The scholar Gerald Wilson, who has walked through the valleys of Judea wrote, … the flock must pass at times into and through the deep, rugged wadis—dry stream beds cut through the semi-desert hills … the canyon depths are swathed in dark shadows as the rising cliff walls exclude the distant sun. … there is no grass or water, the heat can be oppressive, and the whole flock must struggle up the steep sides of the canyon to resume its journey toward the next feeding place. … I cannot imagine the difficulty of herding a whole flock of sheep through the “valley of the shadow of death”. There is reason to fear in the valley. The threats are real, danger is present, and evil lurks in the shadows. In the valley life hangs by a thread, the future precarious and uncertain. Read in the scriptures and you will find at times valleys were the place of child sacrifice, a place to dispose of the dead and in time to come the valley is the place of judgement. And yet even in the valley of the shadow of death the Psalmist finds confidence to say, “… I will fear no evil. Where does he find such confidence, what is his reason for hope when it seems all hope is gone? Psalm 23, reminds us we are not alone. Our confidence comes from the presence of the good Shepherd and the protection he affords us.
In my view, the valley of dry bones is one of the strangest images used in the bible. Hostile armies, camped opposite each other, who would meet for battle in the valley that lay between them was typical of ancient warfare (1 Samuel 17:3). The valley was an ancient battlefield, the bones of the slain, a vast army that suffered the indignity of being left to rot where they fell. God directed Ezekiel to walk among the bones to examine the scene. Ezekiel noted that the skeletal remains were very dry. These were the remains of the long dead, dry bones that had been picked clean. This was a place of defeat, a graveyard and not a place to linger. Here lay the bones of a lost army with a lost cause. This was a valley where the shadow of death lingered.
God asked Ezekiel, Can these bones live? The obvious answer is No, bones cannot live! The dry bones were not the remains of the recently deceased who might be resuscitated, this fallen army was long past any hope of life. But Ezekiel was unwilling to say either yes or no, because he was in the presence of God for whom all things are possible. Ezekiel opted for the safe answer, “Sovereign Lord, you alone know.” (Ezekiel 37:3) God commanded Ezekiel first to prophesy to the bones to hear God’s word, and then to prophesy breath to them.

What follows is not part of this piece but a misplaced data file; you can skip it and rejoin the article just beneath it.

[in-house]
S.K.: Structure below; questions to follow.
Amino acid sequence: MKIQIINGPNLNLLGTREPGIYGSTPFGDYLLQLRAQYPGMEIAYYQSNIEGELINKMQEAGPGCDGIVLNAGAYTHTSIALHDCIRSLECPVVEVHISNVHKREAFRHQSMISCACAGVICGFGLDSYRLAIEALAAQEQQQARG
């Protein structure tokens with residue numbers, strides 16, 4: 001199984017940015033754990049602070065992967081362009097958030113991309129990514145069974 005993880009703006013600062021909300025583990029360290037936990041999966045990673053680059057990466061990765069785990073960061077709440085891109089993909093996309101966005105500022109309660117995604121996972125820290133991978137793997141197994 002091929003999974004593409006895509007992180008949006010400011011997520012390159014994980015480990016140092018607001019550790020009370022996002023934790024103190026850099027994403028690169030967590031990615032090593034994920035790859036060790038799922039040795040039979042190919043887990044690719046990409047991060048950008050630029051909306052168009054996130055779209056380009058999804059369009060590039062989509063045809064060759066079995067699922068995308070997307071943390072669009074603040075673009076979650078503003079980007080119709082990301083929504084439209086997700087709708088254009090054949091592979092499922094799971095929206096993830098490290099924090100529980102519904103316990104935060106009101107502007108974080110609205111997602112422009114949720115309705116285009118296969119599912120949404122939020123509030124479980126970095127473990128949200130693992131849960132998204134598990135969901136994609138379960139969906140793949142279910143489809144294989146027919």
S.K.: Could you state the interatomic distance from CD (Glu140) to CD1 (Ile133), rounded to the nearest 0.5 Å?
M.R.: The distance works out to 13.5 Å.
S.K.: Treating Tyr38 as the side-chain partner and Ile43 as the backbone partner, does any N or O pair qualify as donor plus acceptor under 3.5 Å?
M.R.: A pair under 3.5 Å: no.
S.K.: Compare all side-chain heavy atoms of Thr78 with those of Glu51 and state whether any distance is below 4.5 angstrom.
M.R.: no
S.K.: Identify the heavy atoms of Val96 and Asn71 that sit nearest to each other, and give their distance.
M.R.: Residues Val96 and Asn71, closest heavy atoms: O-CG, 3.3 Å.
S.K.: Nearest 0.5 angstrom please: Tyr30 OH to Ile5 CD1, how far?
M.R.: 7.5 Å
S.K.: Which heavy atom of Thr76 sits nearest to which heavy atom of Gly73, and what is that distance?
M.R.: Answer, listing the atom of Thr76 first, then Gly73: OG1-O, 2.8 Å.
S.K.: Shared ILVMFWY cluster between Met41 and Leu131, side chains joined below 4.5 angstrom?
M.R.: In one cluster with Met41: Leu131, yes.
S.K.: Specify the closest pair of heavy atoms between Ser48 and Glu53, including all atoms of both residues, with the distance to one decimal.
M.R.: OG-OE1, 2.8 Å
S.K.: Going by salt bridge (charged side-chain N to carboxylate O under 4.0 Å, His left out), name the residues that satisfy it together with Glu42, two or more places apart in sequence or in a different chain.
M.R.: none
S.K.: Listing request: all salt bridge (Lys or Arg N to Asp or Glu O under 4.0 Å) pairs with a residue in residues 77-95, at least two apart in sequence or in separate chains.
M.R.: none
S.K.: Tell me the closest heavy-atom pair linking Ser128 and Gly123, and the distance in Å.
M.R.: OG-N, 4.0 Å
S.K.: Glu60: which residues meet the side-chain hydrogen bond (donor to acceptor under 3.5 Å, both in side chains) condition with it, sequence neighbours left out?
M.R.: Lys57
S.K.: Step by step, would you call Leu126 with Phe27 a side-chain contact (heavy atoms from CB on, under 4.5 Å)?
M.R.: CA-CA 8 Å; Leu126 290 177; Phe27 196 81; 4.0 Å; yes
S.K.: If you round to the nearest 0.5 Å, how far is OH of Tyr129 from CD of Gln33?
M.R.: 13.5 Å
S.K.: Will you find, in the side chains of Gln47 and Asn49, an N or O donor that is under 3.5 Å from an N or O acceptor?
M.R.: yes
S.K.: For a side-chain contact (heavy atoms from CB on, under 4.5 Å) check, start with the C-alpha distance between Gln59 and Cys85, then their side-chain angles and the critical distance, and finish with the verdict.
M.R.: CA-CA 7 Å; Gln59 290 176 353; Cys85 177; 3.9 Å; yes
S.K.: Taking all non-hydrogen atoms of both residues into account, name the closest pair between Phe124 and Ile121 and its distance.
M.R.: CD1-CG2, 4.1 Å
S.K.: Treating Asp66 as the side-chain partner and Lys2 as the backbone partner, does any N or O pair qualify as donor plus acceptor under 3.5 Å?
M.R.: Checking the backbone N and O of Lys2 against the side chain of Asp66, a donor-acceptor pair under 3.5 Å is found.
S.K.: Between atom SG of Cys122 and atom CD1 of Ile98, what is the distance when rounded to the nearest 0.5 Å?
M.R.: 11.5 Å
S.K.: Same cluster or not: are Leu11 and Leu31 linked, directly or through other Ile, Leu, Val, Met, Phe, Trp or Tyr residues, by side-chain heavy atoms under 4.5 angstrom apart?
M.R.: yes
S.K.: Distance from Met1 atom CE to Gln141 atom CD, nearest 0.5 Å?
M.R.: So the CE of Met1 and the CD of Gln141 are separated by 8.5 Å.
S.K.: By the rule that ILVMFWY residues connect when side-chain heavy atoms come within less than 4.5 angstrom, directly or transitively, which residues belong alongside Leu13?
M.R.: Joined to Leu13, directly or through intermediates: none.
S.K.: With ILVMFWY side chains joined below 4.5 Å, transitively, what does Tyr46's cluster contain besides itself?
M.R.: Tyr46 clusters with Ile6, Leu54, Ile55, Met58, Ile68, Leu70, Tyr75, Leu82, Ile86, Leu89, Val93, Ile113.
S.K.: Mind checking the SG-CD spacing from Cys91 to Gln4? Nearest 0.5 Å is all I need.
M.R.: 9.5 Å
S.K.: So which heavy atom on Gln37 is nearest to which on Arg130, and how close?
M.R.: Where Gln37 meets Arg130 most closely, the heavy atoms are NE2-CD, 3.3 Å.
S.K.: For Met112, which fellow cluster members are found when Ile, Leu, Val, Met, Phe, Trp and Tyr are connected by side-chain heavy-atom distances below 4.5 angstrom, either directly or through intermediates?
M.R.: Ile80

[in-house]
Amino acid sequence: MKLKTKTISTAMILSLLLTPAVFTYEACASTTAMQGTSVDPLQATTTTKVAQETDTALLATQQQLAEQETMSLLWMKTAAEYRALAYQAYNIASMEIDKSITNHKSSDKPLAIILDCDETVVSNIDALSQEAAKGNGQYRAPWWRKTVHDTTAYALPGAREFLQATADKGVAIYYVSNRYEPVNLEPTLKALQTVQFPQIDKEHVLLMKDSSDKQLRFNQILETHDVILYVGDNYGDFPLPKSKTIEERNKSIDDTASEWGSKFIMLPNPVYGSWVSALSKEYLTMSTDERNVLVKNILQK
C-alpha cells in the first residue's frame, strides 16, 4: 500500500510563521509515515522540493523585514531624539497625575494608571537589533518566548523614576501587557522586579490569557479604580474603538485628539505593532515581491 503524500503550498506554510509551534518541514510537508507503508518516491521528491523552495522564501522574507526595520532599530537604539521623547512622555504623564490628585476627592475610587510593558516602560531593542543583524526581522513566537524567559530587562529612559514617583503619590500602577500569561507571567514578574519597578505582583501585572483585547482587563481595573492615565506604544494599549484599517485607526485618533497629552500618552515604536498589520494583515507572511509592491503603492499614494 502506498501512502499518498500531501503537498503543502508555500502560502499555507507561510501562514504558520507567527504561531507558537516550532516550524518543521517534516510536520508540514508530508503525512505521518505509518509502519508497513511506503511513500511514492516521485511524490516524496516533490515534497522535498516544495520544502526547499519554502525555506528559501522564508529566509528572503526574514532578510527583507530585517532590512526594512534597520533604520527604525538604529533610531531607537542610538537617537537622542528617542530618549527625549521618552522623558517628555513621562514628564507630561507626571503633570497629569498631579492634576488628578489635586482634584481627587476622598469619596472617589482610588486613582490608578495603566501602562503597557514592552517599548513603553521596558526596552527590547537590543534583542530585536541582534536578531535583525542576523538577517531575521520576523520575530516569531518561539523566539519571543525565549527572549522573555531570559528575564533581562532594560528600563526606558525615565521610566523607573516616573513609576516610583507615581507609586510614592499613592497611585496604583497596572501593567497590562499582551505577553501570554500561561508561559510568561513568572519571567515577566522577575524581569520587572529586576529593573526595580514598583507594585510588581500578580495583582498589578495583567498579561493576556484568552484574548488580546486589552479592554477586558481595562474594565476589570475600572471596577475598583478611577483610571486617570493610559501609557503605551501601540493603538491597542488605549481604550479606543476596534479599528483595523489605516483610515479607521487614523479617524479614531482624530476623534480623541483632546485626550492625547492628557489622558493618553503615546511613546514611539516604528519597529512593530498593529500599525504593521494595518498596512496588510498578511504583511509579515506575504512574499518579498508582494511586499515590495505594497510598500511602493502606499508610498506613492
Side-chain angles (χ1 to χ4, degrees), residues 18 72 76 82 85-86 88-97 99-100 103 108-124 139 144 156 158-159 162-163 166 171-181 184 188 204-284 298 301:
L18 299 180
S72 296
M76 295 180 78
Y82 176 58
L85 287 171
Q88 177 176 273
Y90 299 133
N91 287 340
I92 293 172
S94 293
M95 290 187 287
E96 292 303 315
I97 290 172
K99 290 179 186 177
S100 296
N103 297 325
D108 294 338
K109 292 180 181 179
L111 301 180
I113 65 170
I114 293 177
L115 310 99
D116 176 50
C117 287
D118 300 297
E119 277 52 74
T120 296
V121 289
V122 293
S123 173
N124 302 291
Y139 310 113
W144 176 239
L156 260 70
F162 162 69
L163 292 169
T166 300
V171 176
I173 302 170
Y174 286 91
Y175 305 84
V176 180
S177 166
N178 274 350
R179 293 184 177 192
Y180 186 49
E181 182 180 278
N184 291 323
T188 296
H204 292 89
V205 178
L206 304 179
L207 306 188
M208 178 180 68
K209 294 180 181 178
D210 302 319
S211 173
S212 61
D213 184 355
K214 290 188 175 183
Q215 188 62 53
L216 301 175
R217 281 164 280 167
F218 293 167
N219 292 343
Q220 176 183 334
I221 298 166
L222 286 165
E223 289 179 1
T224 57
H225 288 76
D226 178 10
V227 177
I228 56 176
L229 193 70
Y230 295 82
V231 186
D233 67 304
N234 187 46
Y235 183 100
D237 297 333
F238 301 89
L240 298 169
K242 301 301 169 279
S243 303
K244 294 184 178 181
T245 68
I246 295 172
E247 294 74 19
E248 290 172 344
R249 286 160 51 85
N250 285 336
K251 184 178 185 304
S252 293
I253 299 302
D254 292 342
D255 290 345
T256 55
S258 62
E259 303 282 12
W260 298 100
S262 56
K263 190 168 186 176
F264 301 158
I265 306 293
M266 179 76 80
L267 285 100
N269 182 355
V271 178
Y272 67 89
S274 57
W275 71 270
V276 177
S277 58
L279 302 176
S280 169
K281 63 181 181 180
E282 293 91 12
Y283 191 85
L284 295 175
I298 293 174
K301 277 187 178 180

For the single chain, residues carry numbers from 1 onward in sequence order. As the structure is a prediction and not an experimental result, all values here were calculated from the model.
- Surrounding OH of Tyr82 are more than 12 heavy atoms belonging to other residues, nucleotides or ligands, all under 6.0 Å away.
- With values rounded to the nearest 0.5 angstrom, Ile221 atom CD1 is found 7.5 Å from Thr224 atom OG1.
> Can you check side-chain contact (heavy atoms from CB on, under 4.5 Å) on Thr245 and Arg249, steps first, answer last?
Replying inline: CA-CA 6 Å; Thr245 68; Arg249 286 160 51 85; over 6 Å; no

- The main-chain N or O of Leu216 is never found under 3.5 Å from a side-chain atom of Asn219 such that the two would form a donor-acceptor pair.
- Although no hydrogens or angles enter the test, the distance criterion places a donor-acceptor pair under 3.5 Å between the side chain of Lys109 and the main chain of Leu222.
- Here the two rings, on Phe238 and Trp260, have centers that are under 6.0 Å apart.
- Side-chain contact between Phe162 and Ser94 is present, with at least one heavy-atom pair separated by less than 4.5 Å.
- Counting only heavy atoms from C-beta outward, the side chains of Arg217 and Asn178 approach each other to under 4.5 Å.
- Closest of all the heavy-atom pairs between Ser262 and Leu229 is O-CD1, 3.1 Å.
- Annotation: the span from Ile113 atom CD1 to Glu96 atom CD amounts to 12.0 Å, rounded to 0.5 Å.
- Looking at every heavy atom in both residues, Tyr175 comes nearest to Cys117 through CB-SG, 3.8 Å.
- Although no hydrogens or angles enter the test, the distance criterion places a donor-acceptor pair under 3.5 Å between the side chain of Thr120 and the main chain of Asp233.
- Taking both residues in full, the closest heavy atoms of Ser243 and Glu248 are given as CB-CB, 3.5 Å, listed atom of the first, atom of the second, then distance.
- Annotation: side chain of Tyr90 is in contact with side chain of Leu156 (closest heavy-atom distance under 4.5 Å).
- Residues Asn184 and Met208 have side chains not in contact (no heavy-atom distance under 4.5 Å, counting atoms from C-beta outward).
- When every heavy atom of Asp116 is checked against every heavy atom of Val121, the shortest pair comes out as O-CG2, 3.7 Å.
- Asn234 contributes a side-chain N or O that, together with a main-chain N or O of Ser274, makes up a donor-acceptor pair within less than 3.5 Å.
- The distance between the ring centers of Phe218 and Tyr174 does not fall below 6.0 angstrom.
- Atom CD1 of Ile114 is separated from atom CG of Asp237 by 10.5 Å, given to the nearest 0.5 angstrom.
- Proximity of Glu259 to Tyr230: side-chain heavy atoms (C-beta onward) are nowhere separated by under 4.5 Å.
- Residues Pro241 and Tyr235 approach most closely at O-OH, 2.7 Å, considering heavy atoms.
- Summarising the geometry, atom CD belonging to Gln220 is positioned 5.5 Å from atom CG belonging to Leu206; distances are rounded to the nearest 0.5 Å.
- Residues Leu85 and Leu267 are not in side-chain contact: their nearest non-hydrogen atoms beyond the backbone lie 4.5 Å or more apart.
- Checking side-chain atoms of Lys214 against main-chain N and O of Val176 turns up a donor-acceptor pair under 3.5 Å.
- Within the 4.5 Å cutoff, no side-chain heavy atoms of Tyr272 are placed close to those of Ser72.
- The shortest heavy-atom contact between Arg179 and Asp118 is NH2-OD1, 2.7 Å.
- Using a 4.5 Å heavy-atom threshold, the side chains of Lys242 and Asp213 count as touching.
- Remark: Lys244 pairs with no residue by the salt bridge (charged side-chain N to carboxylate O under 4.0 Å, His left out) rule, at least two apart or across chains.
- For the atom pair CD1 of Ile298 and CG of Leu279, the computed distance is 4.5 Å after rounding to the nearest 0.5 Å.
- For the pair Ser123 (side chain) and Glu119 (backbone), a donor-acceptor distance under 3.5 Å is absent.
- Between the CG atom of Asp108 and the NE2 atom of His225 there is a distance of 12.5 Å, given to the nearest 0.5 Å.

Even as Ezekiel spoke he heard the rattling of the bones as they obeyed the command of God. Just as in Genesis, God spoke and commanded all created things to come into being, now God’s word is spoken to dry lifeless bones commanding action and they began to join together bone to bone, with tendons forming, flesh appearing and skin covering these bodies. When Ezekiel spoke a second time the breath of life entered the bodies and a vast army stood to its feet.
God explained this was a vision of the people of Israel who had said Our bones are dried up and hour hope is gone (Ezekiel 37:11-12) What happened as the dry bones came to life was a glimpse into the future, a picture of promise for people without hope. This was a people who had been crushed and conquered. This was people weeping, broken in spirit, ripped from their homeland, strangers in a strange land. In this prophesy hope is given to those who had lost all hope. Hope is given to those who saw themselves and their nation as beyond help. Hope is given to those whose circumstances led them to believe they were cut off from God and cut off from their homeland. The mighty, powerful hand of God is seen to do what no one thought was possible. If God can bring life in the valley of dry bones, he can bring life to us in the valleys we may be in.
David reminds us even in the valley of the shadow of death we are not alone for the Good Shepherd is with us. Ezekiel reminds us in the seemingly hopeless valley of dry bones, there is hope if God speaks life. Christians are never without hope. The valley we are journeying through, the pandemic, inflation, people with anxiety, worried about the future – all this may leave us feeling the cold fingers of the shadow of death – but we are a people of promise, a people of hope. Our strength may fail us, our bones may feel dried up and our hope may be gone, but God can bring life and hope even in the most difficult or unexpected circumstances.
I encourage you to share your Christian hope with those who might just need a helping hand out of the hopeless valley they find themselves in. Is there someone in your family, circle of friends or your workplace you could encourage this week?
- What do you think King David had in mind when he wrote about the valley of the shadow of death?
- What is the role of the Shepherd in this Psalm? What connections do we make between the shepherd of this Psalm and the person of Jesus? (John 10:11&14)
- What do we find in Genesis 14.8 & 1 Samuel 17.3 that helps us understand what the prophet saw in Ezekiel 37.1 & 10?
- How did this imagery reflect the situation of the people who were captive in Babylon? Ezekiel 37:11.
- What are the present conditions of our age that might deprive us (or the people of our city) of hope?
- What hope do we find in Ps 23 and Ezek 37 that might help us to persevere through the valleys we may journey through in life? And how can our church family provide a beacon of hope for those who have none?
Rev John Malcolm